September 14, 2005

Jack Welch: Katrina's cost to the government not a problem


Jack Welch, GE's retired CEO who was known as "the king of shareholder value," was a guest of CNBC's "Squawk Box" this morning.

When asked about the damage the high cost of Katrina could do to the federal budget, Welch sanguinely predicted that the $200 billion, going into rebuilding projects and jobs, will flow through the economy, providing a stimulative effect, "just as the tax breaks did."

Wow. The heads of the military-industrial complex and their Republican subsidiary get it: federal spending. And it ain't such a bad thing -- not when it's flooded through the proper channels.

These are the "investor class" folks who mailed $300 checks with one hand while pouring unconscionable tax breaks on the filthy rich with the other. Middle class workers are now picking up the tab: over $1700 in additional state and local taxes and fees each year and a federal deficit spinning from a tropical depression into a full-flown hurricane.

Only ideology and blind greed (excuse the redundancy) keep those in the cradle of power from seeing that $200 billion spent on the country's infrastructure before a catastrophe like Katrina would have provided as much economic stimulation as it will after it's too late to help those who died and suffered because of government inaction, incompetence and willful ignorance.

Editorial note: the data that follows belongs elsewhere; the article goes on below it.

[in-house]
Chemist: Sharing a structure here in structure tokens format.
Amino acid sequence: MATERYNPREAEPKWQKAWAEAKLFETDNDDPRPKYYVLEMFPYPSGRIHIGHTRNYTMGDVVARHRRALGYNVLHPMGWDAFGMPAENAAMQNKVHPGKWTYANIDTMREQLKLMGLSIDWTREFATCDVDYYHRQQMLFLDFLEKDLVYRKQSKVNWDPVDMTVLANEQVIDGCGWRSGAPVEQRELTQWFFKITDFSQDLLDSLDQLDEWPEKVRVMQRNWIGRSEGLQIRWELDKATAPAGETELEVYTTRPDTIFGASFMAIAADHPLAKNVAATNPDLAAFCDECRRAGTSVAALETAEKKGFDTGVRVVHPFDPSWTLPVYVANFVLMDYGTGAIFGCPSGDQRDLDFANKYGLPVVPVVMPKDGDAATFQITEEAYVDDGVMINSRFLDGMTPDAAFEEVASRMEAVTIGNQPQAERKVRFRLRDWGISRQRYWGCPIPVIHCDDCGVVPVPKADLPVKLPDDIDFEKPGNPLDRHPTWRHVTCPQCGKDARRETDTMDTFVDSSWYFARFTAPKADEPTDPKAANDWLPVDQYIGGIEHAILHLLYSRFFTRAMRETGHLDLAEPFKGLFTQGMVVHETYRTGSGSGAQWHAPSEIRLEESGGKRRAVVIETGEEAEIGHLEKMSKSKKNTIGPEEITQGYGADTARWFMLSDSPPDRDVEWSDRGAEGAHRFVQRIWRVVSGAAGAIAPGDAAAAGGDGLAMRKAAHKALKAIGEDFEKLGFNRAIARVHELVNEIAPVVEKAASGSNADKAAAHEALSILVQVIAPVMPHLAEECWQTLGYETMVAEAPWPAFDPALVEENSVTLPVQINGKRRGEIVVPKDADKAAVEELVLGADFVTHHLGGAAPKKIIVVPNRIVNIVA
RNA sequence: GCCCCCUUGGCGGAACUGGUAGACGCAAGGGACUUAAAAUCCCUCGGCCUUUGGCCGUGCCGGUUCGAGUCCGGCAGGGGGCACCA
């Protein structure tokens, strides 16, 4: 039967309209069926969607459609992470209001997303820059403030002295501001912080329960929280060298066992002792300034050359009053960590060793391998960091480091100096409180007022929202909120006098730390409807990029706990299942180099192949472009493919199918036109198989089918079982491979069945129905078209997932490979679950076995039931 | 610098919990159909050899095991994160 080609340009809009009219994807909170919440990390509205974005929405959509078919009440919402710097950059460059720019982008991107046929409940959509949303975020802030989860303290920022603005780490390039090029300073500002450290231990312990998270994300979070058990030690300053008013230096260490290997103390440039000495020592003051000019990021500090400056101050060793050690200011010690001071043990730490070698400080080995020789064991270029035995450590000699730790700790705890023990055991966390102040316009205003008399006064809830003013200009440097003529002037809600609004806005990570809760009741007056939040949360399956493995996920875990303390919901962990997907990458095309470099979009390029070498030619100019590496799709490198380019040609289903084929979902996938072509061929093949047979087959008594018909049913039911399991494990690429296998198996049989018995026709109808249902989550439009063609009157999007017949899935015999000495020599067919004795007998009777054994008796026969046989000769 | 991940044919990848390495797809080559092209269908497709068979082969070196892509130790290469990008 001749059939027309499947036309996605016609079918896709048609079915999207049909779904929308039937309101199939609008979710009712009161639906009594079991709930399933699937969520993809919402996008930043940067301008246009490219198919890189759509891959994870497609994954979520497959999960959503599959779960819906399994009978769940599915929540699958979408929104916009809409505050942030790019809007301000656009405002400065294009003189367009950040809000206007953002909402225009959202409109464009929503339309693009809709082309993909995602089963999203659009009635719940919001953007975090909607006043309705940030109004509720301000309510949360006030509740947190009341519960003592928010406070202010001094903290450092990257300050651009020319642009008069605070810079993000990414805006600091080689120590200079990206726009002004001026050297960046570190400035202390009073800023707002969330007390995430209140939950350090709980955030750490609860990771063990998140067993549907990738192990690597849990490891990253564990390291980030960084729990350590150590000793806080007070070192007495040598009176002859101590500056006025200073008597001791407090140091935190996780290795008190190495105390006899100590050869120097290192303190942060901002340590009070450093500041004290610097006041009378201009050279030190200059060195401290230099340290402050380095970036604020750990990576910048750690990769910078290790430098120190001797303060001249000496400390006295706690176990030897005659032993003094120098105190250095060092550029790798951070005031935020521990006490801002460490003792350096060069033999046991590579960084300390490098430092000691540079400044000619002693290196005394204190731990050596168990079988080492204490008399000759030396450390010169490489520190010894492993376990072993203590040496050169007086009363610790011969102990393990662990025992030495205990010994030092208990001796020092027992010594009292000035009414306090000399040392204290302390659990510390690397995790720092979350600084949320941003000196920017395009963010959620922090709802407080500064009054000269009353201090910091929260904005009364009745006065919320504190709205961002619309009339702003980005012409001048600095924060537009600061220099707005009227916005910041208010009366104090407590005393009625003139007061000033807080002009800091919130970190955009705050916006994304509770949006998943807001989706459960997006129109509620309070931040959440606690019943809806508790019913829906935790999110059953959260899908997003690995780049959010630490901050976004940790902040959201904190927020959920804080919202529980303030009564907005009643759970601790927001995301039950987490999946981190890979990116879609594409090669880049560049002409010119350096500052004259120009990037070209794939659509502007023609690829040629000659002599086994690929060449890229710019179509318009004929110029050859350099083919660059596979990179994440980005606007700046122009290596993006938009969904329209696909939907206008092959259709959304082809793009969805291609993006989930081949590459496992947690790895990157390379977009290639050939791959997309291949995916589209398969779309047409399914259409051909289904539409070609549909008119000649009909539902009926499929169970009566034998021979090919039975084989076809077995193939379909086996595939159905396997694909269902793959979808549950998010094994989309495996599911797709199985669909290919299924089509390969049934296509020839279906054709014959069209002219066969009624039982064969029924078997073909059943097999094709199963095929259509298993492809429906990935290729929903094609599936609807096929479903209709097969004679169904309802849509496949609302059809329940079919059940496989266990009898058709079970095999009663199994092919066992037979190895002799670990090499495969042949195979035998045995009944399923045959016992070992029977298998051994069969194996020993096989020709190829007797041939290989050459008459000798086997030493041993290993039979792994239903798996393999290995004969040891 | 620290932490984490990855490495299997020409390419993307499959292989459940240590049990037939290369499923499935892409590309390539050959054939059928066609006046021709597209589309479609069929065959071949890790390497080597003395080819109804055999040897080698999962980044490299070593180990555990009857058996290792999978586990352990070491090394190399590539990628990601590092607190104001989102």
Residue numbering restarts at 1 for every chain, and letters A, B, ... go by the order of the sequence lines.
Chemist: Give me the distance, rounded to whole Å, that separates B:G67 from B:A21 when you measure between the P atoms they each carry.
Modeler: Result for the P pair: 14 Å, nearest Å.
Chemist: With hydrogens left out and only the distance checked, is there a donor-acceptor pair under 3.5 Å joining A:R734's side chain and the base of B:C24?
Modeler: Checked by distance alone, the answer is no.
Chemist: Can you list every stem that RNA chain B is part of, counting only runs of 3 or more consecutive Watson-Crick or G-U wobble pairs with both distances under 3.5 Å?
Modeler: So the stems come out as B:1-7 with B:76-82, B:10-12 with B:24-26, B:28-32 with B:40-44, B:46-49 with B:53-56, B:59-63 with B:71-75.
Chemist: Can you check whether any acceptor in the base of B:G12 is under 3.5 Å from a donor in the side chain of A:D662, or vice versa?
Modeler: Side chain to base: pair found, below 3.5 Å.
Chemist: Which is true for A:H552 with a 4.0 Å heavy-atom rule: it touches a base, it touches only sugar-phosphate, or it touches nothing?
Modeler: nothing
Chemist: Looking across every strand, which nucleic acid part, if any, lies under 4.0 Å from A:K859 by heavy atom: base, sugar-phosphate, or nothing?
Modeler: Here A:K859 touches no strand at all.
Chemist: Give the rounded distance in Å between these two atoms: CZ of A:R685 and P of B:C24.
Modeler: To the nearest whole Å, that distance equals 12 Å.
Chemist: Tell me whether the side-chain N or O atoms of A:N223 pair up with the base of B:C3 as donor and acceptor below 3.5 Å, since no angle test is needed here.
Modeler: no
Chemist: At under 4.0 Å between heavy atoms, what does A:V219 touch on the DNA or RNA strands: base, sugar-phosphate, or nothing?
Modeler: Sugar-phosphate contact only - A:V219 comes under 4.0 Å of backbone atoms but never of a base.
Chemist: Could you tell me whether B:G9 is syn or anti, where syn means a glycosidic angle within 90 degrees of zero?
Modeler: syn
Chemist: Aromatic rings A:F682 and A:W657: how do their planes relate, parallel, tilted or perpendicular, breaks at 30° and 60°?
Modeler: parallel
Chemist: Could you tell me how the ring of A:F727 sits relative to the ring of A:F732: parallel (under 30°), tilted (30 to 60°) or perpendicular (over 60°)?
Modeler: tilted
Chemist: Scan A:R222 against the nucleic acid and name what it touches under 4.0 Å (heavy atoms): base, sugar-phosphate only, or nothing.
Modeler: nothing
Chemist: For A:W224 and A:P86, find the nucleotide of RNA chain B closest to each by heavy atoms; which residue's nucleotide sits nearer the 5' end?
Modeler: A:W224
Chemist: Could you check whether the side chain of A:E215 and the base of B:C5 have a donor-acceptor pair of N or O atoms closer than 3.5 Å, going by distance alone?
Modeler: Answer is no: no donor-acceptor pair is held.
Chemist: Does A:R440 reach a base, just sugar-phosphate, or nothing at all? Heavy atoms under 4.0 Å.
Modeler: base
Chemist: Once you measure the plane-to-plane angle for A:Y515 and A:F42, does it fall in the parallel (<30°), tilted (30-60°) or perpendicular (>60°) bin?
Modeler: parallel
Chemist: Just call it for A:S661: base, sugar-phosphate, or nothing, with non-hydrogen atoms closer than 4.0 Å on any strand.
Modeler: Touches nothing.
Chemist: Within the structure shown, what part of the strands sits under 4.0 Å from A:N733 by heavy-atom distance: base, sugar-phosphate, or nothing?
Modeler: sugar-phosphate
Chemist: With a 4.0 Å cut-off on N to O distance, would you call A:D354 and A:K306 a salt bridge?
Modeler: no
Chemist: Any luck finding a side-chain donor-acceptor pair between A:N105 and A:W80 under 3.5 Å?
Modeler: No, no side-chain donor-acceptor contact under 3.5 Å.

2 comments:

Anonymous said...

Interesting that a strong right winger would sanguinely opine that the classic modus operandi of liberals with regards to government fiscal policy is just fine - as long as a Republican is the one who does it....

- oddjob

aikane said...

:-)

Not only that, I got the distinct impression that "king" Welch was angling for a job, or at least was part of discussions with the Repub elite on how best to spend the windfall.

Katrina may play right into their hands: by throwing billions at Iraq and now Katrina, they squeeze the life out of social programs while reaping huge profits for the "investor class."